I asked how effectively wind can compete with fossil fuel sources, and learned that wind has become extremely cost effective. In areas where energy consumption is increasing so that new power sources have to be built, there is a basic parity and in many cases, wind wins on cost alone. In mature markets where existing coal, nuclear, or gas power generation infrastructure is already built (often with years of subsidies), it is more challenging to build wind because new infrastructure would have to be created. There, new-build wind has to compete with the costs of maintenance of the existing energy source. However, even then, wind is an attractive option, aside from the fact it creates energy without greenhouse gas emissions.

With renewable energy technology changing so rapidly, I wanted to know what was in store in the near-term future. He told me that the cost reductions will continue into the future. There are three reasons for the cost reductions. First, turbines are becoming larger, with taller towers, and lighter construction. Second, increased efficiency in the supply chain and manufacturing systems are lowering cost. Finally, as the scale of wind installations increase, there are cost savings from the economies of scale that are realized.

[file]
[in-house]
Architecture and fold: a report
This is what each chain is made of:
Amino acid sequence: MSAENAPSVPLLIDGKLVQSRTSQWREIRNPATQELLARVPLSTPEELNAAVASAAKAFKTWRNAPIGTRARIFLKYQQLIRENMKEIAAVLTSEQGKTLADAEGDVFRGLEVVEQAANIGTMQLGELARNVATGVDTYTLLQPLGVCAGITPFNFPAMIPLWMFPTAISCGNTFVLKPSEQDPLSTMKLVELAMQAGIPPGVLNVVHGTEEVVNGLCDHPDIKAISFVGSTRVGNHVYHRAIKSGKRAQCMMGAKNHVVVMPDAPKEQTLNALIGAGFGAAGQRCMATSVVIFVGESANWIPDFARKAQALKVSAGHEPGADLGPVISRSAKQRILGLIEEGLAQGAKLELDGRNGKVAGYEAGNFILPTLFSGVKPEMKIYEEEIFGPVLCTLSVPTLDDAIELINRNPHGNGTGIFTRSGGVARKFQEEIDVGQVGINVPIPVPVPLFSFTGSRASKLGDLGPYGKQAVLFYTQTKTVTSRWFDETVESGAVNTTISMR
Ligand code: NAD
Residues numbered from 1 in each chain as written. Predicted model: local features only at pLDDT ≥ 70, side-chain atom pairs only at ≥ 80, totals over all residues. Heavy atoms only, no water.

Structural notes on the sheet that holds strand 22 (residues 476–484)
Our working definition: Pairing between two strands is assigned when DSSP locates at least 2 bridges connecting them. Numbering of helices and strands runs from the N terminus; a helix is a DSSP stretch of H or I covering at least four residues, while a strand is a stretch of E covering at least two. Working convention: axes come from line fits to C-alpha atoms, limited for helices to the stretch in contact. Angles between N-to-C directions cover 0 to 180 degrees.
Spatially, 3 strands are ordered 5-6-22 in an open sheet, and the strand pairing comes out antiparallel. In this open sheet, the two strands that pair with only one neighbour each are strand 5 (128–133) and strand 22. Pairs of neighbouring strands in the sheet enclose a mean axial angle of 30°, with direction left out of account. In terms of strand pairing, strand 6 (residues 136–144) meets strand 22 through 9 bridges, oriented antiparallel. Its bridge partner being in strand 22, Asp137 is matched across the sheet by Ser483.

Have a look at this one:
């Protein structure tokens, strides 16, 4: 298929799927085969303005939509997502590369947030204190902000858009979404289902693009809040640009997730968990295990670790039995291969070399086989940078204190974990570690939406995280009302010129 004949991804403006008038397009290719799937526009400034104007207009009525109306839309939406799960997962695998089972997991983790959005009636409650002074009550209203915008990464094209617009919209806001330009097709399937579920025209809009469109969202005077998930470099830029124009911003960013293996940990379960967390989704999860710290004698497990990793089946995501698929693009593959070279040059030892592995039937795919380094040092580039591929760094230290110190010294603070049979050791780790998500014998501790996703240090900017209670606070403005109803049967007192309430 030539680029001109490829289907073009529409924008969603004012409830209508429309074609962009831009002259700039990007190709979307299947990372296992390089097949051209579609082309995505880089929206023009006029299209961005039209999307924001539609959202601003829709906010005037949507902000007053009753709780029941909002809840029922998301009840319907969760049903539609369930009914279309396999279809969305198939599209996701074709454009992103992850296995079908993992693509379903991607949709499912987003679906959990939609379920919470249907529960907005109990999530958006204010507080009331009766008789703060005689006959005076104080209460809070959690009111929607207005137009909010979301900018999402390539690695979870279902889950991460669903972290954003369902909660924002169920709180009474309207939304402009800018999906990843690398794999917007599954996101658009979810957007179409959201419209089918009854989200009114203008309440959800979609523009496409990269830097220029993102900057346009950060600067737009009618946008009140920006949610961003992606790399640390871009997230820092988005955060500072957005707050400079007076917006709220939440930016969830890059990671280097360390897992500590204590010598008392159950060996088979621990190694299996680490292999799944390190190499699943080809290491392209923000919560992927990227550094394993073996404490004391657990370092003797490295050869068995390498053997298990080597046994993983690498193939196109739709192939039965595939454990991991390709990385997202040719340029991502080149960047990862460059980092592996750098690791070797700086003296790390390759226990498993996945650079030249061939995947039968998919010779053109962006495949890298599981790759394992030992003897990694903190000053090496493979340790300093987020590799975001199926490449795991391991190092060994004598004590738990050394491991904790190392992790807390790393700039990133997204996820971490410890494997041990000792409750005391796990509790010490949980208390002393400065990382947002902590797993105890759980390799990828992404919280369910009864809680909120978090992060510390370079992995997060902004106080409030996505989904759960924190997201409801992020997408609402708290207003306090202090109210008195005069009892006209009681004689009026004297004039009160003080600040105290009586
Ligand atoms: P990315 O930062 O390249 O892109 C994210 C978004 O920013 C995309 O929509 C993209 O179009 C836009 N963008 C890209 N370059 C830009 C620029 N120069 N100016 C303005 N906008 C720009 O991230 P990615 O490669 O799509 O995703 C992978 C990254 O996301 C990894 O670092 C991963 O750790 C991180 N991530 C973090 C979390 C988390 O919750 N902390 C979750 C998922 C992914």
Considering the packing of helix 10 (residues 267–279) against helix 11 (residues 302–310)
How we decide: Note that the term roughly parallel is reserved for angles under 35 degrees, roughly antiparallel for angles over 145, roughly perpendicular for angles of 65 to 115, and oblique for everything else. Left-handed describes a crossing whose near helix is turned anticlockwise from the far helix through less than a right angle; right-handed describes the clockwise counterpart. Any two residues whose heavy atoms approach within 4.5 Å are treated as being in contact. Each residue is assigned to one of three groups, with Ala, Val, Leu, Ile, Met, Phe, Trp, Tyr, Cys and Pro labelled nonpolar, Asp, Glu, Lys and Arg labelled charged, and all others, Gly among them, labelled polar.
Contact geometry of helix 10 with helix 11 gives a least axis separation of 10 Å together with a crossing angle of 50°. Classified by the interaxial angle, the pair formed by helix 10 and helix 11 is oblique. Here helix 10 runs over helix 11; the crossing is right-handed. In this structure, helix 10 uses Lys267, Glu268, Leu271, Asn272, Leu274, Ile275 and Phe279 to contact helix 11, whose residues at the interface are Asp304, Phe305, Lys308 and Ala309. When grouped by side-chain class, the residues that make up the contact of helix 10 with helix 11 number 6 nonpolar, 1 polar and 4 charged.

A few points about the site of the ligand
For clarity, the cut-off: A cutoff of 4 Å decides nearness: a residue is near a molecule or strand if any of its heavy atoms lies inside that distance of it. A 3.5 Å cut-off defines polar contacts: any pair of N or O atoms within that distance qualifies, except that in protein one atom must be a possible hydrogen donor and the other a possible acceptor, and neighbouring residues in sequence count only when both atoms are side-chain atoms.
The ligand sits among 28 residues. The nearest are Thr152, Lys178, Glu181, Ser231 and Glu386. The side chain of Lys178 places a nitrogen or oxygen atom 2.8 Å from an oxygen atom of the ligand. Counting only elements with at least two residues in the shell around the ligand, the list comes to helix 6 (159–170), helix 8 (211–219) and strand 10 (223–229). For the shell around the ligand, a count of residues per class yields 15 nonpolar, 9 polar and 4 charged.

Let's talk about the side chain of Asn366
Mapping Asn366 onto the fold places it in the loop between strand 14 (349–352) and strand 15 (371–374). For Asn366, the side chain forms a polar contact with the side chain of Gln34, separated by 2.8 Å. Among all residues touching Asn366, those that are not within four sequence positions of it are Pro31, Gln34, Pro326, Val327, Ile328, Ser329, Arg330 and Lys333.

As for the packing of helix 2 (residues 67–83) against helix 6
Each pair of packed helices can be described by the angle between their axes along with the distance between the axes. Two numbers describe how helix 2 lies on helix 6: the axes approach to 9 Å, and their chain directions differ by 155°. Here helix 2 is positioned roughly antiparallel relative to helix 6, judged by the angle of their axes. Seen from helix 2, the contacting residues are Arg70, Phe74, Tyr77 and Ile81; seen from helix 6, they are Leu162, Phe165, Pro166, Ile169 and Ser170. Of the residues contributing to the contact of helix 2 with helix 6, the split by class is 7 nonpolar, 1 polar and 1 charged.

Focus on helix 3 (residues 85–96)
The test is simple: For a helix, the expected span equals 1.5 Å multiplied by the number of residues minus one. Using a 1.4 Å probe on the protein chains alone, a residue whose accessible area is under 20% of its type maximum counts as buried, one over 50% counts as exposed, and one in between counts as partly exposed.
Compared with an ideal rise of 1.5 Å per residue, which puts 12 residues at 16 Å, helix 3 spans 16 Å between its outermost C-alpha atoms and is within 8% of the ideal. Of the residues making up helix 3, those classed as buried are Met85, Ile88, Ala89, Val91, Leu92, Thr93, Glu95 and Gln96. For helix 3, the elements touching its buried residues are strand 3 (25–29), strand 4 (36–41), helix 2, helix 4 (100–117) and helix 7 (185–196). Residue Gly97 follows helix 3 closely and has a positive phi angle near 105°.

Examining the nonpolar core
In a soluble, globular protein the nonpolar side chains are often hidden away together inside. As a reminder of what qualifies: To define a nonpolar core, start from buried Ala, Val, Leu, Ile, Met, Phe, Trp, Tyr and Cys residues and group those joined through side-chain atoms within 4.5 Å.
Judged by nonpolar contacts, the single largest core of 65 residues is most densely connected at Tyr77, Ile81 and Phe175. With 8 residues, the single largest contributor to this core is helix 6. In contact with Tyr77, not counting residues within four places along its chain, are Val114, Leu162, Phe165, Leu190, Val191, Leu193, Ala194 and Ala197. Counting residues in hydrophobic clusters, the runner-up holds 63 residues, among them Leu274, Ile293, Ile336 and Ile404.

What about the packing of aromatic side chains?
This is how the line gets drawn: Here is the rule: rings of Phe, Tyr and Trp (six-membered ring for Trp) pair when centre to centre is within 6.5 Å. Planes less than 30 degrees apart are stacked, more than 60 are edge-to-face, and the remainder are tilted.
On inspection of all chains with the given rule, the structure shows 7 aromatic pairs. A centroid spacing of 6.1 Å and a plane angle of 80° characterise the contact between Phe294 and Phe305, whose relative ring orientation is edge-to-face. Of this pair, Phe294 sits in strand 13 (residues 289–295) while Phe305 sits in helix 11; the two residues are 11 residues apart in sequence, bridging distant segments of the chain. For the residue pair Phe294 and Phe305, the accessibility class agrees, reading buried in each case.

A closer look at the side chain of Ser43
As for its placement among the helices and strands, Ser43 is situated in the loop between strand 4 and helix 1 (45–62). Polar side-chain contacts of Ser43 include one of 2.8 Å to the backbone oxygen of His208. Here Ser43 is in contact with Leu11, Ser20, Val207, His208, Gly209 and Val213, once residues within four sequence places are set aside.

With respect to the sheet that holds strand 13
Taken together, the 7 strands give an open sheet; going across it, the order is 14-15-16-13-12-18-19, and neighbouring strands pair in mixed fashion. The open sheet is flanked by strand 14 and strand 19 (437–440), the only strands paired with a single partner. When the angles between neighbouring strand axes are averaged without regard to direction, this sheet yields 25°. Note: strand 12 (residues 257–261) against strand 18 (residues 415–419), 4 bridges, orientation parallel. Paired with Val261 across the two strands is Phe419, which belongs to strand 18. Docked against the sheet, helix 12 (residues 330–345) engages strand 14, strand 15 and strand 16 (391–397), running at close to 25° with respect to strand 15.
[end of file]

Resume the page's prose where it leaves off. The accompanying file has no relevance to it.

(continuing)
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Comments 1 to 15:

  1. Publishing such uncritical marketing for a company does disservice to Skeptical Science. How about reading for example the Wind technologies Market report to check those "signifigant and sustained" cost reductions?Today wind costs about the same as 15 years ago. It is mature technology.

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    Moderator Response:

    [PS] Fixed link.

  2. From the linked report: "Wind PPA prices have reached all-time lows. After topping out at nearly $70/MWh for PPAs executed in 2009, the national average levelized price of wind PPAs that were signed in 2014 (and that are within the Berkeley Lab sample) fell to around $23.5/MWh nationwide—a new low..."

    The brief increase in wind power costs from ~2001 to 2009 does not change the overall sharply downward trend of the past 40 years... or the fact that current costs are the lowest ever... and still dropping. Wind costs less today than it did 15 years ago. The technology is still improving. Your cited 'evidence' contradicts your position.

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  3. The problem with wind is that it is not a fixed entity.  In California, I've seen plots of wind output, and it is very dirunal, particularly in the Summer: